35 years on, Voyager's legacy continues at Saturn
Saturn, with its alluring rings and numerous moons, has long fascinated stargazers and scientists. After an initial flyby of Pioneer 11 in 1979, humanity got a second, much closer look at this complex planetary system in the early 1980s through the eyes of NASA's twin Voyager spacecraft.
|Up-close views from the Voyagers, like this one from Voyager 2, showed Saturn and its rings as never before |
"Saturn, like all of the planets the Voyagers visited, was full of exciting discoveries and surprises," said Ed Stone, Voyager project scientist at Caltech in Pasadena, California. "By giving us unprecedented views of the Saturn system, Voyager gave us plenty of reasons to go back for a closer look."
Many Mysterious Moons
Voyager's Saturn flybys provided a thrilling look at the planet's moons -- a diverse menagerie of worlds, each with unique character and charm. Voyager's images transformed the moons from points of light to fully realized places. Dramatic landscapes on Tethys, Dione, Rhea, Iapetus and other moons tantalized scientists with features hinting at tortured pasts.
|This psychedelic false-color view of Saturn from Voyager 2 reveals structure in the planet's banded clouds |
One of the key findings of the Voyagers' visits to Saturn was that the planet's moons had evidence of past geological activity and that Enceladus -- the brightest, most reflective planetary body scientists had ever seen -- could still be active.
Cassini set out to delve deeper into the nature of these moons, and found that, indeed, icy Enceladus has geysers erupting to this day. Cassini also confirmed that Enceladus is the source of Saturn's E ring, which was suggested by Voyager. But while Voyager images of wispy terrain hinted at ice volcanoes on Dione, Cassini found this feathery coating was actually a system of bright canyons.
Titan, Saturn's largest moon, was a high-priority target for the Voyager mission. Gerard Kuiper, for whom the Kuiper Belt is named, had discovered in 1944 that Titan had an atmosphere containing methane. Observations from both Voyagers showed that Titan's atmosphere was primarily composed of nitrogen, with a few percent methane and smaller amounts of other complex hydrocarbons, such as ethane, propane and acetylene. No other moon in the solar system has a dense atmosphere.
|Titan was a high priority for the Voyager flybys at Saturn. The two spacecraft saw tantalizing hints of the structure |
and composition of the giant moon's dense atmosphere [Credit: NASA/JPL-Caltech]
"To fly close to Titan, Voyager 2 would have swung upward out of the plane of the planets, and couldn't have gone on to visit any others," Stone said. "It was fortunate that Voyager 1's observations of Titan went flawlessly, so that Voyager 2 could continue traveling to Uranus and Neptune."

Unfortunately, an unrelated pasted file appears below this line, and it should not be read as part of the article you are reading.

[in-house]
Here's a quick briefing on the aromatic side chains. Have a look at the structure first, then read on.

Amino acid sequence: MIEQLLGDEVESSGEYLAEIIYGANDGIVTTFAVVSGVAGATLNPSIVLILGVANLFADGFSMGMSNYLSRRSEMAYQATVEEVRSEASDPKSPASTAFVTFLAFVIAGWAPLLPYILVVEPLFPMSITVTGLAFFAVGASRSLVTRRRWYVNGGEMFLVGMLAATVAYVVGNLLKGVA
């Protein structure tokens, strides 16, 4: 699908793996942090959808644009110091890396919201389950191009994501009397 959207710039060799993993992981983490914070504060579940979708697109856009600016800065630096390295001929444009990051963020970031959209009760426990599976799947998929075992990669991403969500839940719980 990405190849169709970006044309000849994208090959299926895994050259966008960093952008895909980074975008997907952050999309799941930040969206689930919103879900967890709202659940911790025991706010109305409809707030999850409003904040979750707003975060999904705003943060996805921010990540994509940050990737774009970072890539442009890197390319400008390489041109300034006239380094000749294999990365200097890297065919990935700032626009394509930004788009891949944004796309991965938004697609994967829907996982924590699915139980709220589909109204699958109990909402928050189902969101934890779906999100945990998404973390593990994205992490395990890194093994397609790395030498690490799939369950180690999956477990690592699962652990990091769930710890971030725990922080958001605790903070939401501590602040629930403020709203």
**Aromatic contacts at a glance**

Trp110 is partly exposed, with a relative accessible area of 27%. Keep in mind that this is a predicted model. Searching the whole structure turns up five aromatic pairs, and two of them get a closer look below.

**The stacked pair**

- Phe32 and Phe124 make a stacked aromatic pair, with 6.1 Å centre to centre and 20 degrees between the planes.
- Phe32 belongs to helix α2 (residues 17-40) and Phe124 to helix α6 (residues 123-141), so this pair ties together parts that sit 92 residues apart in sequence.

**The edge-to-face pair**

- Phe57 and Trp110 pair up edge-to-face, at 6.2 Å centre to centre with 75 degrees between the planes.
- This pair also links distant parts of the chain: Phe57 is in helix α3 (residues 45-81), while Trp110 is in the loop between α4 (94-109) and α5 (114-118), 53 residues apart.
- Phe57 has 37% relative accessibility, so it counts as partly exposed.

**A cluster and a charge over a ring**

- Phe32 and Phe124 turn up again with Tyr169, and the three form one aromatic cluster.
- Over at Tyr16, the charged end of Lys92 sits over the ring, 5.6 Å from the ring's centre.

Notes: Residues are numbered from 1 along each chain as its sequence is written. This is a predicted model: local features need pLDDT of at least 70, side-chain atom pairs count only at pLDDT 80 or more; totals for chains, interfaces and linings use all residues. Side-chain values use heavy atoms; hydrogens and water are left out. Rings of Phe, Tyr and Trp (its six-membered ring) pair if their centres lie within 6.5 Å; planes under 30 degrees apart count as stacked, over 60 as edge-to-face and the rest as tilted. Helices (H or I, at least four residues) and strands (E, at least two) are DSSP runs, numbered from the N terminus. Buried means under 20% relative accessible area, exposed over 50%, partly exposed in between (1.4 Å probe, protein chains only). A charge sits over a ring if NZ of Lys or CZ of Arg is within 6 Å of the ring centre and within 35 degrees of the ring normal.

To the Voyagers, Titan appeared as a featureless orange ball because of dense haze in its atmosphere. Seeing through this haze was a chief goal of the Cassini mission. Cassini carried cameras with infrared vision that could see through the haze, a radar that could map the surface in detail, and the European Huygens probe, which landed on the moon's frigid surface on Jan. 14, 2005. We now know, thanks to Cassini, that smoggy Titan has methane lakes and flooded canyons.
New Shapes and Sizes
Voyager discovered four new moons and sharpened our view of some that were previously known. The spacecraft also revealed how the gravitational pull of these satellites causes ripples in Saturn's rings, much like the wake of a ship on the sea. There were also surprising gaps in the rings, some caused by moons embedded within them.
|Voyager 2 saw hints that Enceladus might be active, but the icy moon held onto its secrets until the arrival |
of the Cassini mission [Credit: NASA/JPL-Caltech]
Lingering Mysteries of Saturn and Beyond
While both missions have vastly improved our understanding of Saturn, its rings and moons, there are still mysteries galore. For example, the exact length of Saturn's day continues to elude researchers. The Voyagers measured it to be a period of 10.66 hours, but Cassini has measured two different, changing periods in the north and south.
Voyager also made the first up-close observations of Saturn's rings, discovering new thin and faint rings, along with the ghostly features called spokes. But despite more than a decade of observations with Cassini, scientists are still unsure about the age of the rings -- they could be hundreds of millions of years old, or several billion. Cassini, in turn, has prompted new questions of its own, such as whether the ocean worlds Enceladus and Titan could be habitable.
"The twin Voyagers rewrote the textbooks on Saturn, its rings and moons, and we couldn't wait to go back with Cassini," Spilker said. "New mysteries uncovered by Cassini will await the next missions to follow in the footsteps of Voyager."
Voyager 2's mission of discovery continues to this day. It is now part of the Heliophysics System Observatory, a collection of missions that explore our space environment, and which contribute to protecting future missions on their journeys. Voyager now explores what's known as the interstellar boundary region, where material blowing out from the sun encounters similar winds from other stars.
The two Voyager spacecraft, as well as Cassini, were built by JPL, which continues to operate the three missions. JPL is a division of Caltech. For more information about the Voyager spacecraft, visit: http://www.nasa.gov/voyager, http://voyager.jpl.nasa.gov
Authors: Elizabeth Landau and Preston Dyches | Source: NASA/Jet Propulsion Laboratory [August 24, 2016]